Figueroa v. Pompeo, No. 18-5064 (D.C. Cir. 2019)

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Justia Opinion Summary

At the second prong of the McDonnell Douglas framework, an employer must proffer admissible evidence showing a legitimate, nondiscriminatory, clear, and reasonably specific explanation for its actions. Plaintiff filed suit alleging that one aspect of the Department's promotion process had a disparate impact on Hispanic and Latino candidates who applied for the position he sought, and that the Secretary in 2008 denied him a promotion because of his Hispanic ethnicity. The district court granted summary judgment in favor of the Secretary.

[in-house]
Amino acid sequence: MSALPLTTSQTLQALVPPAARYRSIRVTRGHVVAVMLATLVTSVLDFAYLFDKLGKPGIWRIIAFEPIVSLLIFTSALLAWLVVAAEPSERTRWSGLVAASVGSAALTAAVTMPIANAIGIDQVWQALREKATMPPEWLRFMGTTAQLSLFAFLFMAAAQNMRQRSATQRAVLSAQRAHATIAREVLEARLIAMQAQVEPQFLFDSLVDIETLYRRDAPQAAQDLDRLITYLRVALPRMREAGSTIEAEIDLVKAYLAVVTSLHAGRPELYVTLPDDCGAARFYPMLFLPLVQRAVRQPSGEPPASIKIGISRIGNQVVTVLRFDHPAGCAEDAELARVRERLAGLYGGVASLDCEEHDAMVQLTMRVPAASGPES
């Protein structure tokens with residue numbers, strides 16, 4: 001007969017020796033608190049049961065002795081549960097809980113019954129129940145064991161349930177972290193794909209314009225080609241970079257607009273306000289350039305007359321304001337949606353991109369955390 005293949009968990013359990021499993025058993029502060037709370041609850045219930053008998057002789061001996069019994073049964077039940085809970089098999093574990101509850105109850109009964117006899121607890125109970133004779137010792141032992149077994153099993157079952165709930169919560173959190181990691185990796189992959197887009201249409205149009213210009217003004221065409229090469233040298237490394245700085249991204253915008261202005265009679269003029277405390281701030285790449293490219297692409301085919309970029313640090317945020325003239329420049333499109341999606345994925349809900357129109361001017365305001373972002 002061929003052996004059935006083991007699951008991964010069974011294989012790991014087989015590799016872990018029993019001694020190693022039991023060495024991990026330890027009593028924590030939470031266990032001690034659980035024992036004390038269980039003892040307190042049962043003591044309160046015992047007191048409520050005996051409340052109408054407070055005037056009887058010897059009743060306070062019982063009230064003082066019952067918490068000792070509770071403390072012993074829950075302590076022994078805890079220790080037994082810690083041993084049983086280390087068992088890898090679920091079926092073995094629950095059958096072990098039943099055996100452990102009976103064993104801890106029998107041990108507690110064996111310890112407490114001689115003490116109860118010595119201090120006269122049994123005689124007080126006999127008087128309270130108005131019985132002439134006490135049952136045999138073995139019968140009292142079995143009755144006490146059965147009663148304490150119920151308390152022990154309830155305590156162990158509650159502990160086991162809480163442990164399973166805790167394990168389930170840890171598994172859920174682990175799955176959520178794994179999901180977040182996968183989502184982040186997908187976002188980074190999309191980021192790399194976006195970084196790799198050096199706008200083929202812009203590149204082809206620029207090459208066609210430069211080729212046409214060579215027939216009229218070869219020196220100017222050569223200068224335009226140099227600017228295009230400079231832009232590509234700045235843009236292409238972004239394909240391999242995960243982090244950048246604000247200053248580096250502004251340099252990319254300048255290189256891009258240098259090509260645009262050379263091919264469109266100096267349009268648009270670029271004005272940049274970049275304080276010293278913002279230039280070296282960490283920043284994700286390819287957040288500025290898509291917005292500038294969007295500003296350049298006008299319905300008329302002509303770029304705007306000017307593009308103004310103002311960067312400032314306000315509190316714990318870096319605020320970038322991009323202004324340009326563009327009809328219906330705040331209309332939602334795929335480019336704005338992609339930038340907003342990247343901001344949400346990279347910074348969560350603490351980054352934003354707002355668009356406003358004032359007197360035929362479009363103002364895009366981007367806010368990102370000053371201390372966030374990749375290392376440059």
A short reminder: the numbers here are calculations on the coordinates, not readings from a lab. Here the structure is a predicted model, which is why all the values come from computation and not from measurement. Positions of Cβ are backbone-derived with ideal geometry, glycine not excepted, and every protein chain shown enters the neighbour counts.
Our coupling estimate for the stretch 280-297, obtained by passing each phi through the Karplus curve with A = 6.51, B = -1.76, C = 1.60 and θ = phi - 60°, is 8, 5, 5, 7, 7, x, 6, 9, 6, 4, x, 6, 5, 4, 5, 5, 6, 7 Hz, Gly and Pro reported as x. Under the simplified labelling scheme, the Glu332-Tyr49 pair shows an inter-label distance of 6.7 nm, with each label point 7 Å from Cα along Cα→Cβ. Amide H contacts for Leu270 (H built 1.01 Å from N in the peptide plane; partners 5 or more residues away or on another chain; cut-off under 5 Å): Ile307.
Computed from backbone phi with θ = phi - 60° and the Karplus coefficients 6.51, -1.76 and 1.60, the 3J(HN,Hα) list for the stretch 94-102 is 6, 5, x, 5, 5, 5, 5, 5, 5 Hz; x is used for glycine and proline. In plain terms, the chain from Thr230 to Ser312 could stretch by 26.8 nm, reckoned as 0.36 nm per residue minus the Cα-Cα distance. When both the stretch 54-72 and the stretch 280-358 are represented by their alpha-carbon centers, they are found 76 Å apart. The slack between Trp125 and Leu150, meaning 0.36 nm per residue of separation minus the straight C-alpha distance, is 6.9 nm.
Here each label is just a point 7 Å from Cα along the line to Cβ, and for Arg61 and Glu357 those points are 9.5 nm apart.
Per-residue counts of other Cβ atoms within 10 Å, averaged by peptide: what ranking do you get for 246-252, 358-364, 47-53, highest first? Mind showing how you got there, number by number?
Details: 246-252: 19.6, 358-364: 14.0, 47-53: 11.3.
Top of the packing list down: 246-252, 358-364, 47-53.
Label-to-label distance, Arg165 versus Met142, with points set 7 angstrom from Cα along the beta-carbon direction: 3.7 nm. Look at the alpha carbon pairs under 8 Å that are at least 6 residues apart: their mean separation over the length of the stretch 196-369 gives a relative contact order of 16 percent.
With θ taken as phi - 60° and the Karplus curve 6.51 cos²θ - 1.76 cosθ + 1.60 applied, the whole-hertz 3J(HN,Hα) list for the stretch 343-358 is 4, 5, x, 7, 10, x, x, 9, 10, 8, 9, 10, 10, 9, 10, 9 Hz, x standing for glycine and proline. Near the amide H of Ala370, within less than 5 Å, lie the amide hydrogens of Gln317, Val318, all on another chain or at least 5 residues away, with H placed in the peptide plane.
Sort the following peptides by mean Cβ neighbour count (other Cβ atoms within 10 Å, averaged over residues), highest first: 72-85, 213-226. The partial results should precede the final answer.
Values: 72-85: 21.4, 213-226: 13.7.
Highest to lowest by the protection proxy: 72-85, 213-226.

The DC Circuit affirmed in part and held that plaintiff's disparate impact claim lacked merit where there were no genuine issues of material fact and plaintiff failed to establish causation as a matter of law. However, the court held that the district court misapplied the second step of the McDonnell Douglas framework as to the disparate treatment claim by accepting the Department's vague reason for the denial of the promotion. In this case, none of the presented evidence sheds light on how the selection boards applied the core precepts to defendant's case. Accordingly, the court reversed in part, vacated the denial of plaintiff's cross-motion in part, and remanded for further proceedings.